Company cultures can look and feel very different from organization to organization. Furthermore, the idea of cultural fit will vary greatly as well. Does it mean the clothes the candidate wears, what they do on their free time or whether or not they’ll join you for a beer after their third round interview? The best explanation that we’ve found of cultural fit is from Blair Forlaw (@BlairForlaw), Workplace and Business Consultant:
“Building a workforce where everyone ‘fits’ doesn’t imply homogeneity, which breeds group think — a fatal flaw in a competitive global economy. Most employers strive for the right balance between ‘fit’ and inclusion, knowing that diverse backgrounds, perspectives, and abilities are essential in fostering the creative friction that drives innovation, continuous improvement, and competitive advantage in a dynamic marketplace. It is possible to achieve both.”
Companies that have paved the road in hiring for cultural fit, like Zappos, have a totally separate part of the interview process aimed entirely at assessing cultural fit. The inclusion of such interviews grants hiring managers and recruiters the confidence that the candidate has the necessary skills to do the job, and that they are a culture fit for both their future team, and the organization as a whole.
With 89% of hiring failures being attributed to poor cultural fit, it is vital to have established goals, and strategy behind your process in hiring for cultural fit. Once the basic skills and requirements are assessed and met, the next goal of the culture interview is to ensure that the candidate has a full understanding of the core values of the organization, and how they are reflected in culture. The interviewer will also be looking for how cultural traits that match those of the company have been proven or reflected in the candidate, and their previous work experiences.
Roughly 50% of employee engagement stems from cultural fit. Given what we know about the returns of employee engagement (in both productivity and increased revenue), cultural fit interviews sound like a necessity, right? There’s actually a better way…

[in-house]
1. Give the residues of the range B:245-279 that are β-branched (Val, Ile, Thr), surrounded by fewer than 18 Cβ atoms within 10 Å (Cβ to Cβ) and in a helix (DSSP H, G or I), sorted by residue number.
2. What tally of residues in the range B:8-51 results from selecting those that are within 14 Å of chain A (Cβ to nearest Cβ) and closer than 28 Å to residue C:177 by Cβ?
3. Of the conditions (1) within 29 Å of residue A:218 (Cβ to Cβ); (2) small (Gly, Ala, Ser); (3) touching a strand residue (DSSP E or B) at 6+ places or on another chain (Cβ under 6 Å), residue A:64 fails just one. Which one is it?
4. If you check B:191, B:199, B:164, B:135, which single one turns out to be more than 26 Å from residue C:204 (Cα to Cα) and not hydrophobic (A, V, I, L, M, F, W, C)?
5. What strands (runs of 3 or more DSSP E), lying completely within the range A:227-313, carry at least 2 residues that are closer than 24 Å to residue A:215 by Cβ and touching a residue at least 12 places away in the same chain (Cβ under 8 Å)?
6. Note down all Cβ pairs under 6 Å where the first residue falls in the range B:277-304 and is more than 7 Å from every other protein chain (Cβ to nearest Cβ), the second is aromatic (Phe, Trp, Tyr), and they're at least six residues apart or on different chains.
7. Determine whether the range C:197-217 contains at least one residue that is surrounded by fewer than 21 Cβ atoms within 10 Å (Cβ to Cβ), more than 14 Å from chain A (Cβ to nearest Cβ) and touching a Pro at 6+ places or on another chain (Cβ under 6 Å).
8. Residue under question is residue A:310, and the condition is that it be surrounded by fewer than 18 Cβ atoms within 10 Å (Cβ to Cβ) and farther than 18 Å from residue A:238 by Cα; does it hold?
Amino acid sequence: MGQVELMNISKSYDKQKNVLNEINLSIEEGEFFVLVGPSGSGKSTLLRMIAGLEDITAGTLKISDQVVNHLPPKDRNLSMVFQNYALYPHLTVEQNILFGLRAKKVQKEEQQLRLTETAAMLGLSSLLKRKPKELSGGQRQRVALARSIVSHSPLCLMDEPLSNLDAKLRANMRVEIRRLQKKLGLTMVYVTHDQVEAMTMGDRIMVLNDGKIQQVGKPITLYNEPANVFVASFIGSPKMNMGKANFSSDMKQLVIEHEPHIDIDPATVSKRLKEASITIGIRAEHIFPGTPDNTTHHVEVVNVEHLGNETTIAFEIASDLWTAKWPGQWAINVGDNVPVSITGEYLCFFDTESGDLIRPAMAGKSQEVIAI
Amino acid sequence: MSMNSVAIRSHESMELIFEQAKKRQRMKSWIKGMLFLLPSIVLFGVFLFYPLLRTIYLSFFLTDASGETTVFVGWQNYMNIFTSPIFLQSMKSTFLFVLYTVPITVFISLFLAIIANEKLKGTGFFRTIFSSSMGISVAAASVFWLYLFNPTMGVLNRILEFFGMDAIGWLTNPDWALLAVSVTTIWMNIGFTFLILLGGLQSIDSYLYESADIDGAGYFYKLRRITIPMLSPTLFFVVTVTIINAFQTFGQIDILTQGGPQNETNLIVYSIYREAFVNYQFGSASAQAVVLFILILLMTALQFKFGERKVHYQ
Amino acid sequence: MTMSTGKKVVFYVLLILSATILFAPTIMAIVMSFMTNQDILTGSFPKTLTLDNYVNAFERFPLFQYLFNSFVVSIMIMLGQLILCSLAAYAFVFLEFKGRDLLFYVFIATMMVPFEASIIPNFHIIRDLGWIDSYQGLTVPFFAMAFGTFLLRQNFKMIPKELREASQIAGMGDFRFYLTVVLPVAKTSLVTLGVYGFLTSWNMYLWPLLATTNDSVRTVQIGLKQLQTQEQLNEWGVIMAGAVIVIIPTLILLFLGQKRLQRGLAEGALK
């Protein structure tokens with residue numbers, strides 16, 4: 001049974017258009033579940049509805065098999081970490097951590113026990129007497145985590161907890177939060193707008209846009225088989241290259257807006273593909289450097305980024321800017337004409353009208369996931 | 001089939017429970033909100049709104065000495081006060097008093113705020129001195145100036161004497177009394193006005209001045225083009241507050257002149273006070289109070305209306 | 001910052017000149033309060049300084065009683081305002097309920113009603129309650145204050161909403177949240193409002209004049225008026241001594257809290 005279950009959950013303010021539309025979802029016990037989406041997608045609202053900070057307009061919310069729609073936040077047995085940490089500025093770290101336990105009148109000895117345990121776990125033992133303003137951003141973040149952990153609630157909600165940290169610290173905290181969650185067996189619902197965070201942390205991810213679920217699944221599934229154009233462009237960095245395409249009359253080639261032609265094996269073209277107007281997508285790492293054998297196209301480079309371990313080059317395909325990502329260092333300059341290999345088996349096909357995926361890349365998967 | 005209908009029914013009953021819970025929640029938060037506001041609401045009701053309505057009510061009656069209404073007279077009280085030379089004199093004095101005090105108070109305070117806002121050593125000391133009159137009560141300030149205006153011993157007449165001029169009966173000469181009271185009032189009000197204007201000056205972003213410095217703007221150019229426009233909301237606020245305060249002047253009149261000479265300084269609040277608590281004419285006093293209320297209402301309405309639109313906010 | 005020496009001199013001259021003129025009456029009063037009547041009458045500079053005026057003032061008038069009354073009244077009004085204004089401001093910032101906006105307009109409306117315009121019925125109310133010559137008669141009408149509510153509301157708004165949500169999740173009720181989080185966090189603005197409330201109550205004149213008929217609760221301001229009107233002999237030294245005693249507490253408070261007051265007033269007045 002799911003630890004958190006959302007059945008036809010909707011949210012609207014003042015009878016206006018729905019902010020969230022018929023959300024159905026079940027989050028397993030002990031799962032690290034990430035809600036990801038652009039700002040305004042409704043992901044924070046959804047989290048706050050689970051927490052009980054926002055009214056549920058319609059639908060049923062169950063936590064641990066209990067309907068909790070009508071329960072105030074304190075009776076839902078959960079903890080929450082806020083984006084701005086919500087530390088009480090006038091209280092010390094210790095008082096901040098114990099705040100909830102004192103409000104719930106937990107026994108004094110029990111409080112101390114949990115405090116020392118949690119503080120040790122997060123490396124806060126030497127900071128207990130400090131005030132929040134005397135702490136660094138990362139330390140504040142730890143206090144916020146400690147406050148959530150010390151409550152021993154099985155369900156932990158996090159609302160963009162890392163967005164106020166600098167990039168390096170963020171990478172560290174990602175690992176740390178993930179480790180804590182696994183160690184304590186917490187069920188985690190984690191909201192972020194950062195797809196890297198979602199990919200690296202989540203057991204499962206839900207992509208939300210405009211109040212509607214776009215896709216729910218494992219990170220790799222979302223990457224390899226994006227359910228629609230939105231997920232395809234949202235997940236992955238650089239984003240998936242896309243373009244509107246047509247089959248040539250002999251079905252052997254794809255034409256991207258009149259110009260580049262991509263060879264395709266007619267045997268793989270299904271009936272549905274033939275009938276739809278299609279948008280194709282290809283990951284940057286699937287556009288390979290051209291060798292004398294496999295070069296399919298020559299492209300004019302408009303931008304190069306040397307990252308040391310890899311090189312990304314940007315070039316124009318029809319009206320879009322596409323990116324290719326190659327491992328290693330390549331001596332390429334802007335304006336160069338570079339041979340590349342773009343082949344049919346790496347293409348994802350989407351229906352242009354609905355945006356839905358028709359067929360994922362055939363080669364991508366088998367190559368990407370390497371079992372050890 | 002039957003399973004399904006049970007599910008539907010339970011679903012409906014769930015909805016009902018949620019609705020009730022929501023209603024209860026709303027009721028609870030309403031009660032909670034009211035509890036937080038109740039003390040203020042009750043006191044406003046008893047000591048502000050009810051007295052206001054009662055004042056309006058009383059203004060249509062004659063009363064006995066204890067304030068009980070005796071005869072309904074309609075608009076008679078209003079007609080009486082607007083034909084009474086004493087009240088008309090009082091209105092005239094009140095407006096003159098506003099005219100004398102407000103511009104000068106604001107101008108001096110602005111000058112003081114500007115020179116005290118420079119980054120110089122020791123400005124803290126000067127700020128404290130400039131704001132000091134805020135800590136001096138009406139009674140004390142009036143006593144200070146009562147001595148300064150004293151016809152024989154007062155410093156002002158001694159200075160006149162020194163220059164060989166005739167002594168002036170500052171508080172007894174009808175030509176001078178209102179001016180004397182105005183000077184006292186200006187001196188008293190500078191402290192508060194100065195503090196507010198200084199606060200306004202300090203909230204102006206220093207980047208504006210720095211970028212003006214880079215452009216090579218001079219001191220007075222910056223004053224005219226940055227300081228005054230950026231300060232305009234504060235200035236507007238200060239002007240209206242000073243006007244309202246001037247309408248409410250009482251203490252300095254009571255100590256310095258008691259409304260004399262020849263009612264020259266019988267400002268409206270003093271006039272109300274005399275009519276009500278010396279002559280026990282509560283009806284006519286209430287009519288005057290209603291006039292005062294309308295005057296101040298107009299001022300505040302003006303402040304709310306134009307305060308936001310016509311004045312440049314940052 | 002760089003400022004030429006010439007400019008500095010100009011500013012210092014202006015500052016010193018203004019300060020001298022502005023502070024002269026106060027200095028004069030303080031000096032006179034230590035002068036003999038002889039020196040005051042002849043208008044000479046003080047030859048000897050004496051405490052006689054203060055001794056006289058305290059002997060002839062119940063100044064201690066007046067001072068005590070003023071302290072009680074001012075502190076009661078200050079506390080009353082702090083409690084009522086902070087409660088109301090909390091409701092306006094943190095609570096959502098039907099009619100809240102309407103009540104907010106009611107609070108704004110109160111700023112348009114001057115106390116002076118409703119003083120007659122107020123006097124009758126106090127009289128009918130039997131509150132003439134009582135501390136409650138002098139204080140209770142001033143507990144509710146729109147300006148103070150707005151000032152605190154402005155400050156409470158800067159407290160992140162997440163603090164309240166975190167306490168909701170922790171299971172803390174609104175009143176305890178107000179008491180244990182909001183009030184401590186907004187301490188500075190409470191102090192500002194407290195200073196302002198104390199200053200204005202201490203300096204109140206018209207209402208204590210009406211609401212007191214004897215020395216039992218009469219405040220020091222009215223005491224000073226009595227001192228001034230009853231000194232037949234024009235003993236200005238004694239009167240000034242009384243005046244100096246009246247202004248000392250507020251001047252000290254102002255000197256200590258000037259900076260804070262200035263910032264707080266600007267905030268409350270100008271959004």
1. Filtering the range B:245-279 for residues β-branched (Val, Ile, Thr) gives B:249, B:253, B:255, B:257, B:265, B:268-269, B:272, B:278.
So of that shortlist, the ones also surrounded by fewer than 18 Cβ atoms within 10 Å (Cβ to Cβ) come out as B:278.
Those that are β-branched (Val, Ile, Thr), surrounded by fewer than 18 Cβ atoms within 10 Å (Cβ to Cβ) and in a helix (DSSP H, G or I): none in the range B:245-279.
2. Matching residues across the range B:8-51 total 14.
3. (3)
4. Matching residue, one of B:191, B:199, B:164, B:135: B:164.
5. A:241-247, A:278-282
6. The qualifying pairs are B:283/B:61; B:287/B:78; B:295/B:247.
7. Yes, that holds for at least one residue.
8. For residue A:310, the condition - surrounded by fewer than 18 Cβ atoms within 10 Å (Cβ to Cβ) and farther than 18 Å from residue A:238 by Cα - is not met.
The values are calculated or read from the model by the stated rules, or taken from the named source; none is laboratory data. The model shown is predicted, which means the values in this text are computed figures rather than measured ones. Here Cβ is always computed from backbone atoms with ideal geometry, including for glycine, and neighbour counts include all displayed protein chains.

Traditionally used in schools and universities, psychometric testing has become increasingly popular in the recruiting and hiring. These tests take the subjective matters in hiring, and make them as objective as possible, so that employers can assess a proper fit for hiring.
The reason behind the recent popularity of psychometric testing in hiring is in part due to the increasing cost of frequent bad hires. 41% of companies surveyed say that a bad hire in the last year has cost them at least $25,000. So, finding the right fit is essential not only culturally, but also for the monetary success of the organization.
Yes, hiring for cultural fit does throw another step into the process, potentially lengthening your time-to-hire, and certainly requiring more resources from your hiring team. Are you seeing dollar signs? Please consider that every expense has to be looked at strategically, otherwise it’s all just money going out. You must also track the return on such investments to prove their worth, and make informed decisions about the allocation of resources.
As recruiting costs continue to escalate, bad hiring decisions are becoming more costly than ever. A recent CareerBuilder study showed that 27% of employers reported a single bad hire cost more than $50,000. Additionally, instead of screening out potentially high performing candidates unnecessarily in a biased and unstructured interview process, employee assessment tools introduce a fair and standardized selection process.
We like to say, “Your employees spend 70% of their lives working. A bad fit makes it feel more like 100%.” Beyond retention, productivity and even engagement, hiring for cultural fit can create more satisfying places to work. That’s exactly what we’re passionate about here at Vitru — creating better workforces and designing better teams through simple, cost effective psychometric testing. These assessments are fun, effective and they are vital in the search for cultural fit hires.
Bio: Ryan Mead, CEO/Partner
Vitru is an online application that provides tools to evaluate and build better teams. Powered by science yet practical and easy to use for a variety of teams. From students and nonprofits to Fortune 500 companies Vitru works!
Great organizations, regardless of size or mission, understand that powerful team chemistry is impossible to force; but when it happens, it’s magic.
Vitru allows team leaders to create and assess teams virtually and in doing so helps quantify what makes an outstanding team outstanding.
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